After taking a fairly roundabout way into the Padres’ organization that included a year-long suspension for some mis-managed documentation, Lamet made up for lost time in 2016 when he started at High A and finished the year in Triple-A. Lamet has always had power stuff, but the 70-grade heater he brought out last week versus Tacoma was something special. He was locating it to all quadrants with late tail down in the zone, and with significant late hop in the zone up above the belt. He is primarily a fastball/slider guy, but the slider is a 65-grade offering that is a true out-pitch, and it will miss bats in the big leagues. The changeup is coming along, but right now is still quite firm and lacks any real depth. However, given how the arm works, it is not a stretch to think that he can get it to average, which when paired with the rest of his arsenal should be more than enough for him to turn over big league lineups.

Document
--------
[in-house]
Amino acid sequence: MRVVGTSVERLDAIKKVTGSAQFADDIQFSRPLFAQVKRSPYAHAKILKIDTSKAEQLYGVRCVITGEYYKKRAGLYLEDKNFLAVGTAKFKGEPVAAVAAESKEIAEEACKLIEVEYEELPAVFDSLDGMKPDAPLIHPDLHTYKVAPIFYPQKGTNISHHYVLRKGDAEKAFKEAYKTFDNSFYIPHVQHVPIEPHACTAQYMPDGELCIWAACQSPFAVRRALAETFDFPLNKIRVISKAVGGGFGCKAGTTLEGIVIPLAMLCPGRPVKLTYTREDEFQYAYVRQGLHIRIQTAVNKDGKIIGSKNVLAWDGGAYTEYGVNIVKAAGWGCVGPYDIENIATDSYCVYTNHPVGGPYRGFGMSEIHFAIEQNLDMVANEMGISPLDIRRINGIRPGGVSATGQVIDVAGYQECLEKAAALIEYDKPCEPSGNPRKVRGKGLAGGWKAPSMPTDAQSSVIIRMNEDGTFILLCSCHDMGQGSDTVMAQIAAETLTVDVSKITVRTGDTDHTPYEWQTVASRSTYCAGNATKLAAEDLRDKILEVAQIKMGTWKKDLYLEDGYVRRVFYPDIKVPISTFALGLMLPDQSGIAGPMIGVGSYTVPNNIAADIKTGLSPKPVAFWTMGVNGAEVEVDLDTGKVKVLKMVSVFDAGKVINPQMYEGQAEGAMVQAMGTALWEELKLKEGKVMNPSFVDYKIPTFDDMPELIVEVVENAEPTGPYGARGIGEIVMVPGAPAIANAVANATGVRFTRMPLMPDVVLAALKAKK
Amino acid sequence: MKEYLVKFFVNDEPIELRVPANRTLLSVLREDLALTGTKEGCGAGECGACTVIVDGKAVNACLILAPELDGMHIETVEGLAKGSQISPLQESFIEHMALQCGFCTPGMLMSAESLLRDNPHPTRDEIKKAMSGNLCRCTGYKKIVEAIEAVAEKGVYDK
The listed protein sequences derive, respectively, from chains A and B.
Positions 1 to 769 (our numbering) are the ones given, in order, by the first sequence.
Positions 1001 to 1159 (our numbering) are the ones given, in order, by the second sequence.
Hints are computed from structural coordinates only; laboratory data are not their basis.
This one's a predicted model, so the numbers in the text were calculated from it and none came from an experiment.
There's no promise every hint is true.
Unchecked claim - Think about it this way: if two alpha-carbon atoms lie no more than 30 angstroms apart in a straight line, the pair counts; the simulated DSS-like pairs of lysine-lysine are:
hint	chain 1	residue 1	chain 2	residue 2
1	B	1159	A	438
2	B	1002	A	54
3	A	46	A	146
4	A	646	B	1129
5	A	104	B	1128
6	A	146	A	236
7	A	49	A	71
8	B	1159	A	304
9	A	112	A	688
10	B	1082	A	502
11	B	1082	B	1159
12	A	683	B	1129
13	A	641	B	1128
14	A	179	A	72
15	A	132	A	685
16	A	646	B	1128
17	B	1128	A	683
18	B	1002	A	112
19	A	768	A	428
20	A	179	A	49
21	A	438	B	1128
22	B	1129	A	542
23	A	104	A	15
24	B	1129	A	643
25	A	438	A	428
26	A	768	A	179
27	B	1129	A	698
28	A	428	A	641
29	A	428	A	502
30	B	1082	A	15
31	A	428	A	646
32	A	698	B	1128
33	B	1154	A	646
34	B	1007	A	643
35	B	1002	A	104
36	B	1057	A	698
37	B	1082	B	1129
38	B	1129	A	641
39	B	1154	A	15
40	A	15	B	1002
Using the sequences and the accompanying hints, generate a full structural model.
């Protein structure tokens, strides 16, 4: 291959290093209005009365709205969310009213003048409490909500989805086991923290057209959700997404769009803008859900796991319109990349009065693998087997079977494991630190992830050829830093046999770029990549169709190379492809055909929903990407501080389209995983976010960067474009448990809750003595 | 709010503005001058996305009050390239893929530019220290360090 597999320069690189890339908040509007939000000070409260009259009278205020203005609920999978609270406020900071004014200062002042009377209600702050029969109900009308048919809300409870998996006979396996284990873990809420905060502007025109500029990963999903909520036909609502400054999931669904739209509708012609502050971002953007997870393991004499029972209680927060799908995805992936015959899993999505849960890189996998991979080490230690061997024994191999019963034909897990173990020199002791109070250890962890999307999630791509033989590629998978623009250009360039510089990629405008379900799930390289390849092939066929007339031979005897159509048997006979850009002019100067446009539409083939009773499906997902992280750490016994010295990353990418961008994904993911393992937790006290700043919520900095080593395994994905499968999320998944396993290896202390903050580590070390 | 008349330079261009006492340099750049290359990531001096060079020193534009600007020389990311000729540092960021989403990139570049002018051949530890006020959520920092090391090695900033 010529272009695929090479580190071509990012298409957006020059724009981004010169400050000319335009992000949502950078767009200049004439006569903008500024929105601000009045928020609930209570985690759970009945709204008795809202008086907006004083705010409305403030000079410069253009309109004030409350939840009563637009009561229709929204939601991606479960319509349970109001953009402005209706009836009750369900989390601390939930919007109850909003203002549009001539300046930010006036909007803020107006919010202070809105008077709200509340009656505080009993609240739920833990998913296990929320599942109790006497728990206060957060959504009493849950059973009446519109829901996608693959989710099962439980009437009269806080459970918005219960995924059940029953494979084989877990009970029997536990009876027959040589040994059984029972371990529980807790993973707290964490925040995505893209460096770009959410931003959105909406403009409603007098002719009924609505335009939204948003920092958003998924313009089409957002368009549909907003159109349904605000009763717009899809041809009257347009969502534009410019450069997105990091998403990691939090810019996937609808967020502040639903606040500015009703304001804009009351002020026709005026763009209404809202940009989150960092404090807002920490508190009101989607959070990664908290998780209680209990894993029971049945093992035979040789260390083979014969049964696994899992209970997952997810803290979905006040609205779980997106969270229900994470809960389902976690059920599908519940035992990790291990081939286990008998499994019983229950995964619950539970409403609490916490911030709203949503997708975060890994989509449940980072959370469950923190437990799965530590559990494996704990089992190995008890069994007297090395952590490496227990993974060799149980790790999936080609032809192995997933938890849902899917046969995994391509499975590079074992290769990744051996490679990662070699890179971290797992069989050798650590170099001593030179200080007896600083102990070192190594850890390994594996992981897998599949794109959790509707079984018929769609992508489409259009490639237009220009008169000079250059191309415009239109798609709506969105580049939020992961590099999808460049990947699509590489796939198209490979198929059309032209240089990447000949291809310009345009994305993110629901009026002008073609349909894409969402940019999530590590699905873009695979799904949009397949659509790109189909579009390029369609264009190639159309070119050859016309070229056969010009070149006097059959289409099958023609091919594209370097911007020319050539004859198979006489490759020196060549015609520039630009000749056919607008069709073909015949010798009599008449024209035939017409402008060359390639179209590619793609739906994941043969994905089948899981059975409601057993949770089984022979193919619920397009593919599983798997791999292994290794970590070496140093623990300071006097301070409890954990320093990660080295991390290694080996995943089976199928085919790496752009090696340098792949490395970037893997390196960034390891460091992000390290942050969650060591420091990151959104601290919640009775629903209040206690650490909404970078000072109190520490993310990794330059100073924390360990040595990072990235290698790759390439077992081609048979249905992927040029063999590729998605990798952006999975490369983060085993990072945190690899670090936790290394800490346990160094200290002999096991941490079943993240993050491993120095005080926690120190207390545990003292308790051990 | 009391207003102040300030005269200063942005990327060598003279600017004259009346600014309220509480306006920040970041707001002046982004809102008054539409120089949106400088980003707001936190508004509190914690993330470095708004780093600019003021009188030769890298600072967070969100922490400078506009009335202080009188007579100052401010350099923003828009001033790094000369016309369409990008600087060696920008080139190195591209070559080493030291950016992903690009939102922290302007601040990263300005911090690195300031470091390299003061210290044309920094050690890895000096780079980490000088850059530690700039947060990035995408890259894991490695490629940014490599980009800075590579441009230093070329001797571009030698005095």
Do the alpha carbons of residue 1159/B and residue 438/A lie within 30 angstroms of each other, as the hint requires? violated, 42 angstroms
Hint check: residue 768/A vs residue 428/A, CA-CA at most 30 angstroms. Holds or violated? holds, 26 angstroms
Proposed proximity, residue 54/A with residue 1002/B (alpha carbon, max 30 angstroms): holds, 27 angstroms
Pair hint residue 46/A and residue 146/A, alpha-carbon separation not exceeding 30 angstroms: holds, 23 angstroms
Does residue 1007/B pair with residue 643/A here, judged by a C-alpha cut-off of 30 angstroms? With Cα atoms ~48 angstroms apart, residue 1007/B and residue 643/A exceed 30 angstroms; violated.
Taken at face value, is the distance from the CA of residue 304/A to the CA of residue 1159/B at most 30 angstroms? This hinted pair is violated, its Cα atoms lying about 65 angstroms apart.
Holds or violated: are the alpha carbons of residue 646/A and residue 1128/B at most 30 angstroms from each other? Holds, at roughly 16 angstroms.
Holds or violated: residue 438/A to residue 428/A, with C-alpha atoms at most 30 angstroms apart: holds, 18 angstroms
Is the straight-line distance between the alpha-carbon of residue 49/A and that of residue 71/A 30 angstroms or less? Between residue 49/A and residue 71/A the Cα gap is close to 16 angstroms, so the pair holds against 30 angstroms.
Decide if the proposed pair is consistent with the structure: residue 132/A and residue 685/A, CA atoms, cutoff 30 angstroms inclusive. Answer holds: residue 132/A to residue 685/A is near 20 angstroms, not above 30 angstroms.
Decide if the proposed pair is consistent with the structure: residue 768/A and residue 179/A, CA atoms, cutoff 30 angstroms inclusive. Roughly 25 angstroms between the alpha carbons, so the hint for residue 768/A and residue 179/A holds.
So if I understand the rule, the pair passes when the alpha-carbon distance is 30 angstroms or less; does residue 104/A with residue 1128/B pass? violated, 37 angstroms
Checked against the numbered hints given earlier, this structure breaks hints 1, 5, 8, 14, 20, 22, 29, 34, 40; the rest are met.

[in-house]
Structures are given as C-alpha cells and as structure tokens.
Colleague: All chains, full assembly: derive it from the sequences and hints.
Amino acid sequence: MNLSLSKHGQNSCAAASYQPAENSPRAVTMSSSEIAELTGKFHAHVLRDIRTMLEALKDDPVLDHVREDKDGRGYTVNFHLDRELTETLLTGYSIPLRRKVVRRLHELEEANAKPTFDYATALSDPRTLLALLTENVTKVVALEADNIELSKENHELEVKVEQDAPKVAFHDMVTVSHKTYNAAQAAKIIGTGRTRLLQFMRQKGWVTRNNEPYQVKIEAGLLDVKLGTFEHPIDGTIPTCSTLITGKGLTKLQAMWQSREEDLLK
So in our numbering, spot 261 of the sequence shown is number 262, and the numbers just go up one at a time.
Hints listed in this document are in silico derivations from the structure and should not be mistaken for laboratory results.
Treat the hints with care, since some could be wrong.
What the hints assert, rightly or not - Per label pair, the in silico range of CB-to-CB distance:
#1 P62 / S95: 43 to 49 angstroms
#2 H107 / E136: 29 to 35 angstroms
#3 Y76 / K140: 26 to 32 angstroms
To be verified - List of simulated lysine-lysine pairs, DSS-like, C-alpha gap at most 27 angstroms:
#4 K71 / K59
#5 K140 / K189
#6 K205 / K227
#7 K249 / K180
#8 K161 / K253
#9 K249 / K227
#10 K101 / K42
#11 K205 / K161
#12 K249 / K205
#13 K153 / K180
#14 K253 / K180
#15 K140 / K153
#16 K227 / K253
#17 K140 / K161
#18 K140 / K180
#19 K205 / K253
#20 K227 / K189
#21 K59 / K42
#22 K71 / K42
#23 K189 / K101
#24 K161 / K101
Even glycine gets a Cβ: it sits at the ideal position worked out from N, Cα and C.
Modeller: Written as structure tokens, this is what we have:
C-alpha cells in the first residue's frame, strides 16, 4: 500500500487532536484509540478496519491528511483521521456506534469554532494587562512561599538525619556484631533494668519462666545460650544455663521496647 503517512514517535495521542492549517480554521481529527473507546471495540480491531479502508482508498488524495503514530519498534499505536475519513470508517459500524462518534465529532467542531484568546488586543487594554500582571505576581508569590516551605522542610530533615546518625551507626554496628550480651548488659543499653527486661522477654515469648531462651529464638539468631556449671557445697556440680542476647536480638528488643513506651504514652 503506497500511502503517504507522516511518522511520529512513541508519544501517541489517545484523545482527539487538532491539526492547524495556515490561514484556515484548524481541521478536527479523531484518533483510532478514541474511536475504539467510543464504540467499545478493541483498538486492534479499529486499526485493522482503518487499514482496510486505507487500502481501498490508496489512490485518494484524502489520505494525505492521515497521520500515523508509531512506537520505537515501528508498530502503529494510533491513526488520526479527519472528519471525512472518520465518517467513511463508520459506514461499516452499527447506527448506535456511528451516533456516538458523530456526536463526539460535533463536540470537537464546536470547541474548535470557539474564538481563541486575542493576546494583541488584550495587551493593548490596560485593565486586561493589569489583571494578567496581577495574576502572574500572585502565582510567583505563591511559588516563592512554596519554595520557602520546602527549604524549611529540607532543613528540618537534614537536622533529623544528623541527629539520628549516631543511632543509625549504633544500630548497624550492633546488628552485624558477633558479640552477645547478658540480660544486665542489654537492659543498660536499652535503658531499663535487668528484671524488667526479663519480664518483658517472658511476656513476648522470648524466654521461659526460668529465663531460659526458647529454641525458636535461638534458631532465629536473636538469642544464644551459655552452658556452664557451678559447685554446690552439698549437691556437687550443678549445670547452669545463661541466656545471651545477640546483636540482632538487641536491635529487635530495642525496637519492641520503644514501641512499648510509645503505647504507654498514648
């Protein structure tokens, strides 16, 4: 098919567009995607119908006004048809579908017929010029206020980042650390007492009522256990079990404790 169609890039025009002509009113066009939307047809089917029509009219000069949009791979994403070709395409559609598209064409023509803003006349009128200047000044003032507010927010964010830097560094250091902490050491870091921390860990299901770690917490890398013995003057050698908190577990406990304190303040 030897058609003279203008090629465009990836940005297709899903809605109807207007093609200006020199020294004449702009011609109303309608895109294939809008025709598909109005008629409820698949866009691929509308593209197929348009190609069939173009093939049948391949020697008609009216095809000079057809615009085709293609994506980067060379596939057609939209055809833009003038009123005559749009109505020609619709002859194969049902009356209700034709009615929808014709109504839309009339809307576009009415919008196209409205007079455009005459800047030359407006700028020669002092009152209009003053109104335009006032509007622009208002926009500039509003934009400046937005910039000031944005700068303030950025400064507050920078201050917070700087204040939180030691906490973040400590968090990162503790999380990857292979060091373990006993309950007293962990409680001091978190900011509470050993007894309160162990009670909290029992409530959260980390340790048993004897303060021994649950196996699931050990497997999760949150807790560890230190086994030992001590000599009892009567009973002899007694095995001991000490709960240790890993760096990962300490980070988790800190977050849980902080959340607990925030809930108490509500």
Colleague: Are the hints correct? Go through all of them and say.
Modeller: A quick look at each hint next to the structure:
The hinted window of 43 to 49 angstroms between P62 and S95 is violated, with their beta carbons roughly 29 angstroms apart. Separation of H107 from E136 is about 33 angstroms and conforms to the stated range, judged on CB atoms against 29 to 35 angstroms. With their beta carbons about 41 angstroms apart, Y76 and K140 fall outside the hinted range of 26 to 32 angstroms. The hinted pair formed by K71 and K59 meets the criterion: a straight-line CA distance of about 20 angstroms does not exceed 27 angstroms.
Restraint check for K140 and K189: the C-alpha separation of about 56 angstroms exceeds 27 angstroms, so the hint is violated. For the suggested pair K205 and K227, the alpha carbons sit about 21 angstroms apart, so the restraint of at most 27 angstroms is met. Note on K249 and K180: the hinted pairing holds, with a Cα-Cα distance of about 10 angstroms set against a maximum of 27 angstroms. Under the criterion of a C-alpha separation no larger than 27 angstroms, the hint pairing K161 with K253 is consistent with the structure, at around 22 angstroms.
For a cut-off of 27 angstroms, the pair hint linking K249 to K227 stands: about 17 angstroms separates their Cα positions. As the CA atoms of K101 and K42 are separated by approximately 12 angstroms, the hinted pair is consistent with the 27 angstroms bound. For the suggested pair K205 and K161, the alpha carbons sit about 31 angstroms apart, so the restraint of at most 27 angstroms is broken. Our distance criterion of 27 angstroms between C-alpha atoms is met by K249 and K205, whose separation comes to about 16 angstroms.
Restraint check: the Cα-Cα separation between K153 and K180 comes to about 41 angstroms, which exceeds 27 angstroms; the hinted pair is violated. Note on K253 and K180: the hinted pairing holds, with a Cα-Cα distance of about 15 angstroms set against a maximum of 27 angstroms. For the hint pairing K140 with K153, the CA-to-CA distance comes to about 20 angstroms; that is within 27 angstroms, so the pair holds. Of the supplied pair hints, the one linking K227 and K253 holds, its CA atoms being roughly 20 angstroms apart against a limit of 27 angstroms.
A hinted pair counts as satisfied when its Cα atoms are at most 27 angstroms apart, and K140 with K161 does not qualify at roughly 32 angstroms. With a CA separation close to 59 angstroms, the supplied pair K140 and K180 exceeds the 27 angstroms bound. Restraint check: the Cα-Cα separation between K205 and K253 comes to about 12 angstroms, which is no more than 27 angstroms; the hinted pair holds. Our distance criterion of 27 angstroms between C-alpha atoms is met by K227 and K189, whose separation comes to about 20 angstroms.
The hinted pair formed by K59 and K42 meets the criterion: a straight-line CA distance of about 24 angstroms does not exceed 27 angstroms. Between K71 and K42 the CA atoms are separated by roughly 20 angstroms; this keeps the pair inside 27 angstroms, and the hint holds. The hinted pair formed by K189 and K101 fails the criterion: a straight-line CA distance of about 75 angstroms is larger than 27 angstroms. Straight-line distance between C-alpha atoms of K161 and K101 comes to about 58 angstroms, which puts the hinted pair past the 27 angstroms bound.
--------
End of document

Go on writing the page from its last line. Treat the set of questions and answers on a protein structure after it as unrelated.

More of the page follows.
The main knock on Lamet at this moment is that while the command has taken a step forward, the plate can still jump around on him at times and when he does miss, it tends to be out over the plate. Obviously, he has significant margin for error, pitching in the mid-to-upper 90’s with a swing-and-miss breaking ball, but at the major league level, those issues will be quickly exploited. He has done a nice job keeping the ball on the ground so far this year (1.67 GO:AO mark through four starts, up from 0.88 mark in 2016) and his strikeouts are up (12.6 SO/9 versus approximately 11 SO/9 last year) after punching out 22 over his last 12 ⅓ innings. Lamet’s actions are very smooth and the easy arm speed he generates translates to double-plus life in the zone, and it’s reminiscent of Danny Salazar (RHP, Indians) at around the same age. The Padres aren’t in a rush to get Lamet to the show, but if he can show progress with a third pitch and continue to improve his command, it would not be a shocker to see him debut at some point in the next eight weeks.